Atelier Singer-Dicker: Inside the Montessori Kindergarten at the Goethehof Public Housing Project - Playroom (detail of the folding table), Vienna, c. 1930

1931–1934 • Atelier Singer-Dicker officially closes with the work being taken up by a wider collective (Ateliergemeinschaft) among whom was also architect Leopoldine Schrom (1900-1984), who later saved the plans and prototypes produced by both studios. Friedl becomes more closely involved with the communists, creating agitprop photomontages for the Communist Party of Austria (KPÖ), which activities lead her to prison in 1931 and 1932.

Friedl Dicker: Poster Design for the KPÖ - the Communist Party of Austria, Vienna, c. 1931-33
Friedl Dicker: Interrogation I, Prague, c. 1935

1934-1938 • Permanently settling in Prague in 1934, she lives and works in an atelier on Jaromírova Street in the Nusle district, teaches refugee children from Austria and Germany, gives private lessons to Edith Kramer (1916-2014), Vienna-born art student who followed her to Prague, establishes contact with the Prague Psychoanalytic Circle headed by Otto Fenichel (1897-1946), which gives her the opportunity to delve into child psychology and psychoanalysis, frequents the Black Rose bookstore, where she and her friends form a loose communist group, and in 1936 marries her cousin Pavel Brandeis (1905-1971), allowing her to obtain Czechoslovak citizenship.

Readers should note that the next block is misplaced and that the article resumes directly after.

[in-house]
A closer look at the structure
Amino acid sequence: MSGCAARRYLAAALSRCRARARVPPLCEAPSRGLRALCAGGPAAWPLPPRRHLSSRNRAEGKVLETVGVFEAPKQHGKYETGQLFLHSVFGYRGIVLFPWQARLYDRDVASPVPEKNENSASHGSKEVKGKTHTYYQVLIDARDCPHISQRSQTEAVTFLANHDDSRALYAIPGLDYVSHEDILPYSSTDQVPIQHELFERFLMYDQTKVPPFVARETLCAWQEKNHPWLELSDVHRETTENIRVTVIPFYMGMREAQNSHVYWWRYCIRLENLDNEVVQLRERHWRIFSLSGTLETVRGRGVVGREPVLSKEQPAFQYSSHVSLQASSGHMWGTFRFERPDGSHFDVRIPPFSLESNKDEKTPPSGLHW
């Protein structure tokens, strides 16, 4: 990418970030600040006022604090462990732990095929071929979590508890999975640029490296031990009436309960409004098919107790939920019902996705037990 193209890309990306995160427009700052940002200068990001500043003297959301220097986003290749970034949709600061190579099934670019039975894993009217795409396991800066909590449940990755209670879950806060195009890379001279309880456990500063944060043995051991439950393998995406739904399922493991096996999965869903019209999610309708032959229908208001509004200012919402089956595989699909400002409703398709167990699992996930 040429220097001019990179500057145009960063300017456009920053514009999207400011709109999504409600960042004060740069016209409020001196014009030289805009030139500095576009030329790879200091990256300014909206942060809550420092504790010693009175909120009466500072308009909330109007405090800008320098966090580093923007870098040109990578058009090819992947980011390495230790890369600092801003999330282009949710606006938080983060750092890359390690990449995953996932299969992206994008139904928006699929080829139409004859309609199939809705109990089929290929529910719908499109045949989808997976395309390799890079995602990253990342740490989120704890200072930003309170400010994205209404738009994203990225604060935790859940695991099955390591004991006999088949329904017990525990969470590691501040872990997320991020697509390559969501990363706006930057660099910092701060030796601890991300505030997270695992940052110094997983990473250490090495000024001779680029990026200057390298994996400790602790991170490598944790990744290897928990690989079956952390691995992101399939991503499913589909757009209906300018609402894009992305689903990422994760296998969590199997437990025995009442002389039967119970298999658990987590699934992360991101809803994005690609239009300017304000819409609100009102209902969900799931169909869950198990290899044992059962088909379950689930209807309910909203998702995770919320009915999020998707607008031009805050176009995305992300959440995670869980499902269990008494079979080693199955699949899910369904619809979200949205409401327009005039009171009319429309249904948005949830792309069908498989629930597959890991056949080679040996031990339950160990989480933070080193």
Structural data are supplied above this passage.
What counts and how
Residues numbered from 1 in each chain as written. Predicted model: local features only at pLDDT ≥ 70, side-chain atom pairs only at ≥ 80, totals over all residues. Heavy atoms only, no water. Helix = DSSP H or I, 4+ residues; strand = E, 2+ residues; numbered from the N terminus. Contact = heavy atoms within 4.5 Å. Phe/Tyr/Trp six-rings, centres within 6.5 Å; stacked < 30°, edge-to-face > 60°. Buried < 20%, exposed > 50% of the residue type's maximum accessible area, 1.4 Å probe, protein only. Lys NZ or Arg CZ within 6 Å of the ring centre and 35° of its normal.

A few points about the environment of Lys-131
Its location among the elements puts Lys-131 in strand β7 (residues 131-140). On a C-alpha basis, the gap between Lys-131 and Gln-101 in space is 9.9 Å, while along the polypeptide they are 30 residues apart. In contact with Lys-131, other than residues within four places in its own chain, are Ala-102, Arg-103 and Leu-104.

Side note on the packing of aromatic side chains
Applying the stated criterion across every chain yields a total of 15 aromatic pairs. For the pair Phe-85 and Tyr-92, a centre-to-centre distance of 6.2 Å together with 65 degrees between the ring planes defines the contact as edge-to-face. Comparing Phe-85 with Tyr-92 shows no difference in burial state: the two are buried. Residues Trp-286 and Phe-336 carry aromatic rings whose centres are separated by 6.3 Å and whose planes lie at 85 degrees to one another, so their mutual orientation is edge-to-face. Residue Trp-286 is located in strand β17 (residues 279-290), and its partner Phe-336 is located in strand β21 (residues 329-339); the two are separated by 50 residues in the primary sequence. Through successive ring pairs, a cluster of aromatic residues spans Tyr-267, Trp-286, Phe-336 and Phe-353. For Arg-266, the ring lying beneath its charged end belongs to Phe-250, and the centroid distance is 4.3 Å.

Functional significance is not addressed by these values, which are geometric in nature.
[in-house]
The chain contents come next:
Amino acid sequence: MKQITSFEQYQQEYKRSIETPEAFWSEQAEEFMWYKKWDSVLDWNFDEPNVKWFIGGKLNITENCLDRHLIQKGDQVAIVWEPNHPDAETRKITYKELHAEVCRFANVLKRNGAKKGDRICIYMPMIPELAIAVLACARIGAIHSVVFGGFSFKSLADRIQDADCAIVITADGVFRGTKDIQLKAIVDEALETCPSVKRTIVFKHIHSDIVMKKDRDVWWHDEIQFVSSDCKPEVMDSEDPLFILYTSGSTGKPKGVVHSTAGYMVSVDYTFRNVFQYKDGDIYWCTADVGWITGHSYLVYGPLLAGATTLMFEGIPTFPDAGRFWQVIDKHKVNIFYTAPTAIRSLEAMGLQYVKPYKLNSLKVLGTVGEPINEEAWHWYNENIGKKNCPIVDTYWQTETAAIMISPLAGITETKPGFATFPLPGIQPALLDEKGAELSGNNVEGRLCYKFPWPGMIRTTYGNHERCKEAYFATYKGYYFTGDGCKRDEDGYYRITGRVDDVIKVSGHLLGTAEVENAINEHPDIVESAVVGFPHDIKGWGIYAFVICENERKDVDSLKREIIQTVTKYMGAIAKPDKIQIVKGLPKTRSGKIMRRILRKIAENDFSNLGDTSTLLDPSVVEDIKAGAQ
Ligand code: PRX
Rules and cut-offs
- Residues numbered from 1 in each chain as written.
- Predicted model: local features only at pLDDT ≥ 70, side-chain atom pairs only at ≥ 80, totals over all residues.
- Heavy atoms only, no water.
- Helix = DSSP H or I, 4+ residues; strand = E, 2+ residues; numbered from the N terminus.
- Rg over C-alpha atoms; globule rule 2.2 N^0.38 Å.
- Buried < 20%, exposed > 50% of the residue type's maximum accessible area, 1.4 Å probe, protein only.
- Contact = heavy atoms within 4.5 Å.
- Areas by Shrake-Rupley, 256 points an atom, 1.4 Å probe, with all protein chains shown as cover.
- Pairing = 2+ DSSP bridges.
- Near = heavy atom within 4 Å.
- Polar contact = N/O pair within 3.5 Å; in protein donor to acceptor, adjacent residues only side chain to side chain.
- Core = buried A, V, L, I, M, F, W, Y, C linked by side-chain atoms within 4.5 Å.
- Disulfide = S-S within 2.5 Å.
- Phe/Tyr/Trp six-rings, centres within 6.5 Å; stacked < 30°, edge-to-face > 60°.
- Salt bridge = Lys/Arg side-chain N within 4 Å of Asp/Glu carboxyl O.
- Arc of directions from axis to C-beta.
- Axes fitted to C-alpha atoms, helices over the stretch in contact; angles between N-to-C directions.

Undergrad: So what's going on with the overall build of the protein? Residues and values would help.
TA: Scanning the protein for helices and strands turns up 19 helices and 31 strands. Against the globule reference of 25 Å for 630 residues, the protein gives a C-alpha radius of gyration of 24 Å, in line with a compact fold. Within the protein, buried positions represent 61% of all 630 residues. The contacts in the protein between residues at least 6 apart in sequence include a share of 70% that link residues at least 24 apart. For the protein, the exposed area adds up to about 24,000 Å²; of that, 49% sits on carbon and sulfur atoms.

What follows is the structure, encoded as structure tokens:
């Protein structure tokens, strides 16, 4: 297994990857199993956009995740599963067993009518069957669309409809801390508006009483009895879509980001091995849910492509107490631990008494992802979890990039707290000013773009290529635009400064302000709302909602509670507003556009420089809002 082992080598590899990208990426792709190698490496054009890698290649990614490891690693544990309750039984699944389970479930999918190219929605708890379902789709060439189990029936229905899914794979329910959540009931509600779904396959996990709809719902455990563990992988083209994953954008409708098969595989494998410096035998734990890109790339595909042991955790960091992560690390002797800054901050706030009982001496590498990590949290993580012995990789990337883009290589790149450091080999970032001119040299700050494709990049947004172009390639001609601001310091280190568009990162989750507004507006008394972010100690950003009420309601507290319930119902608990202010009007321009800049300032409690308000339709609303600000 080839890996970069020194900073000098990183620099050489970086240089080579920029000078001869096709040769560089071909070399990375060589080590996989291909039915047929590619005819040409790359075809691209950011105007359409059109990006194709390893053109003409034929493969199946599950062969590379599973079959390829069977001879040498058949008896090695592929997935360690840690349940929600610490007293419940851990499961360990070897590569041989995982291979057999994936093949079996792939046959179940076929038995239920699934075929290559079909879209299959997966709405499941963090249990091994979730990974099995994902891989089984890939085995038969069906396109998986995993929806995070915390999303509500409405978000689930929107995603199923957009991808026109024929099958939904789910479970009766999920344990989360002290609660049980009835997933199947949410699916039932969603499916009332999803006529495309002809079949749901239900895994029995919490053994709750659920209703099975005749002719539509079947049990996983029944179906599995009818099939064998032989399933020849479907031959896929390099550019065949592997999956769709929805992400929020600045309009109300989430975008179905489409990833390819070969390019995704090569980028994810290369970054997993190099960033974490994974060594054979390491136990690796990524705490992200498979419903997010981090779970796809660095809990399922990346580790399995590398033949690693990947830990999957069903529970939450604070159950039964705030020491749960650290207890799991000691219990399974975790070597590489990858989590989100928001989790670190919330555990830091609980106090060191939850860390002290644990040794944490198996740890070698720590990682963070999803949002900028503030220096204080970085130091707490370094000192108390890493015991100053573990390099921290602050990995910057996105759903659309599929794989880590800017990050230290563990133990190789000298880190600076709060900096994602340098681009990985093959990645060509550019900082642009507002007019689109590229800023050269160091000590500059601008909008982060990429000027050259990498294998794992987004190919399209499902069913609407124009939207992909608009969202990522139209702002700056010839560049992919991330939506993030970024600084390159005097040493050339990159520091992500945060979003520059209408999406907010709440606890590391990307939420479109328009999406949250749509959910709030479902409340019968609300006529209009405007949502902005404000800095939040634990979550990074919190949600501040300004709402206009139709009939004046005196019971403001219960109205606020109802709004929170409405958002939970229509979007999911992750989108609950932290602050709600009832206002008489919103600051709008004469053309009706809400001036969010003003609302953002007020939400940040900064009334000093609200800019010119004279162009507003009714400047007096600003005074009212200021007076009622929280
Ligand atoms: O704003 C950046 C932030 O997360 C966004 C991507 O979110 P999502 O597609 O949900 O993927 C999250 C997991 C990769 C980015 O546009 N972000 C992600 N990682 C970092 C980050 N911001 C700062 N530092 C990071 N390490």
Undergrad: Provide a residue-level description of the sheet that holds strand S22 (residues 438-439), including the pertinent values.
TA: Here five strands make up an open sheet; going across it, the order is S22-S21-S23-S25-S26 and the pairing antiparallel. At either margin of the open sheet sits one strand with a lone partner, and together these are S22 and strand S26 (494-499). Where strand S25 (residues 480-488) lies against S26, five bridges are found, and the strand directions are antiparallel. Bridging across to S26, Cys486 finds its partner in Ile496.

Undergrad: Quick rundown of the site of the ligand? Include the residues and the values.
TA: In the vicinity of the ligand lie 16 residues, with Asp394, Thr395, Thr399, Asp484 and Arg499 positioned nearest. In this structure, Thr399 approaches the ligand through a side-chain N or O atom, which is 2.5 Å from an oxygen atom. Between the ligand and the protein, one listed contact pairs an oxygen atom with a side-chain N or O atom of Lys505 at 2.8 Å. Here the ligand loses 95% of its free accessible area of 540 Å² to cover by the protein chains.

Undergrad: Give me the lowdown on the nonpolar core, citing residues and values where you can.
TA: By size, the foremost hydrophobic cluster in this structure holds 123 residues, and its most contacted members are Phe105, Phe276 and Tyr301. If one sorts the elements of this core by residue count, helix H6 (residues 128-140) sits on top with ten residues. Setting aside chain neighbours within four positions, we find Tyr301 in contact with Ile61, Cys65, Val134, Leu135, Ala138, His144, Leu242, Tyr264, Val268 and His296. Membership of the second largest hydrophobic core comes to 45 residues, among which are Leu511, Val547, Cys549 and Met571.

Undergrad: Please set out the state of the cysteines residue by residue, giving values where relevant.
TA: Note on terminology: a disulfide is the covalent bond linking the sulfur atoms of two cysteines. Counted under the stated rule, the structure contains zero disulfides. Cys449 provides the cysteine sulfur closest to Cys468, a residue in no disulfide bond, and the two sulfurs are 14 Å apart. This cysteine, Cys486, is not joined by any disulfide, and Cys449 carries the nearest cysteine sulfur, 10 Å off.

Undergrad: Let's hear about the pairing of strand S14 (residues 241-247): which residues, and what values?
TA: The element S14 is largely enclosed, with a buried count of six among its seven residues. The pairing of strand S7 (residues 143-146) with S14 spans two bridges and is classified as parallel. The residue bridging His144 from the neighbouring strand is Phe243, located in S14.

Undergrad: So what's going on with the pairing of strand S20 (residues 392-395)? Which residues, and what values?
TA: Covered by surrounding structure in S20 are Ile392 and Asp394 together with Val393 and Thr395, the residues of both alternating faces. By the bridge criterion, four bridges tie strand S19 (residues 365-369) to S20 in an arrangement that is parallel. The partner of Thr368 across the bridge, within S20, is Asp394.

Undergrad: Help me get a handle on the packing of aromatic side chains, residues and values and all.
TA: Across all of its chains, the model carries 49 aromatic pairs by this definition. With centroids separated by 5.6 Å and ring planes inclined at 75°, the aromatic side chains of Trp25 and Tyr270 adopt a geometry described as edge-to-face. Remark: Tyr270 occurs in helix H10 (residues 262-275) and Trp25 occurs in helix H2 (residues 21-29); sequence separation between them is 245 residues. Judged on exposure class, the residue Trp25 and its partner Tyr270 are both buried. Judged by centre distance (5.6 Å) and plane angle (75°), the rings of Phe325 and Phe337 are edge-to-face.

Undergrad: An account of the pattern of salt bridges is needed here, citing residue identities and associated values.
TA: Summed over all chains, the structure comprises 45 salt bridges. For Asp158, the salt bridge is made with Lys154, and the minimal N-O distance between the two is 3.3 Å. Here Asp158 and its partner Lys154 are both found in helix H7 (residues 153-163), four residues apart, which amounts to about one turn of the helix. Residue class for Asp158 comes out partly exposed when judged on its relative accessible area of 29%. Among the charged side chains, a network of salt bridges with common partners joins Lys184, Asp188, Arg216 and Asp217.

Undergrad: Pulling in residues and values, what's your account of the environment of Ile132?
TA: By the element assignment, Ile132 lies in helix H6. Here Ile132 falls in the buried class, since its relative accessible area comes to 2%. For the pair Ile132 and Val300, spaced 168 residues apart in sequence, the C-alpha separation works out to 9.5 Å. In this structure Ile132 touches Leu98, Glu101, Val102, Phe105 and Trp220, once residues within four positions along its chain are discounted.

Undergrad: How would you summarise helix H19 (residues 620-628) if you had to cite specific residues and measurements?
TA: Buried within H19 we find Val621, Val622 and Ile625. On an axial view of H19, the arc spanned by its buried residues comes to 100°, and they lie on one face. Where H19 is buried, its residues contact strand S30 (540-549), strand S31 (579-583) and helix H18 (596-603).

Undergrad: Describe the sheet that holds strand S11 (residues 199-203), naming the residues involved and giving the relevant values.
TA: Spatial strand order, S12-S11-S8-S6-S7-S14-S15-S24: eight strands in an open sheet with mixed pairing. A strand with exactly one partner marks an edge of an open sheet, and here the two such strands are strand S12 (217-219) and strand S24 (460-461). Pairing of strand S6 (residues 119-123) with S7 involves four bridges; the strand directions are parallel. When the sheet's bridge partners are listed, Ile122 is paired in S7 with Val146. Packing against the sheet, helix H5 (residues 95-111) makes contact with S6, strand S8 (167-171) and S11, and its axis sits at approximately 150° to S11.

Friedl Dicker's Passport Photo, Prague, 1935
Friedl Dicker: Dream, Prague, c. 1935
Friedl Dicker: Interrogation II, Prague, c. 1935
Friedl Dicker: Portrait of an Unknown Man (A Refugee), Prague, c. 1935
Friedl Dicker: View from Her Prague Studio's Window (Railway Tracks in Nusle), Prague, c. 1935

1938-1942 • Friedl and Pavel move to Hronov, a small town in Eastern Bohemia, where they work for the Spiegler brothers’ textile mill. Friedl has her first solo exhibition in absentia in 1940 at the exile Arcade Galleries in London, refuses a visa to Palestine as well as offers to go to Great Britain, maintains a robust correspondence, reads voraciously, stays in contact with a small circle of her closest friends ... On December 17, 1942, Friedl and Pavel are deported to the Ghetto Theresienstadt.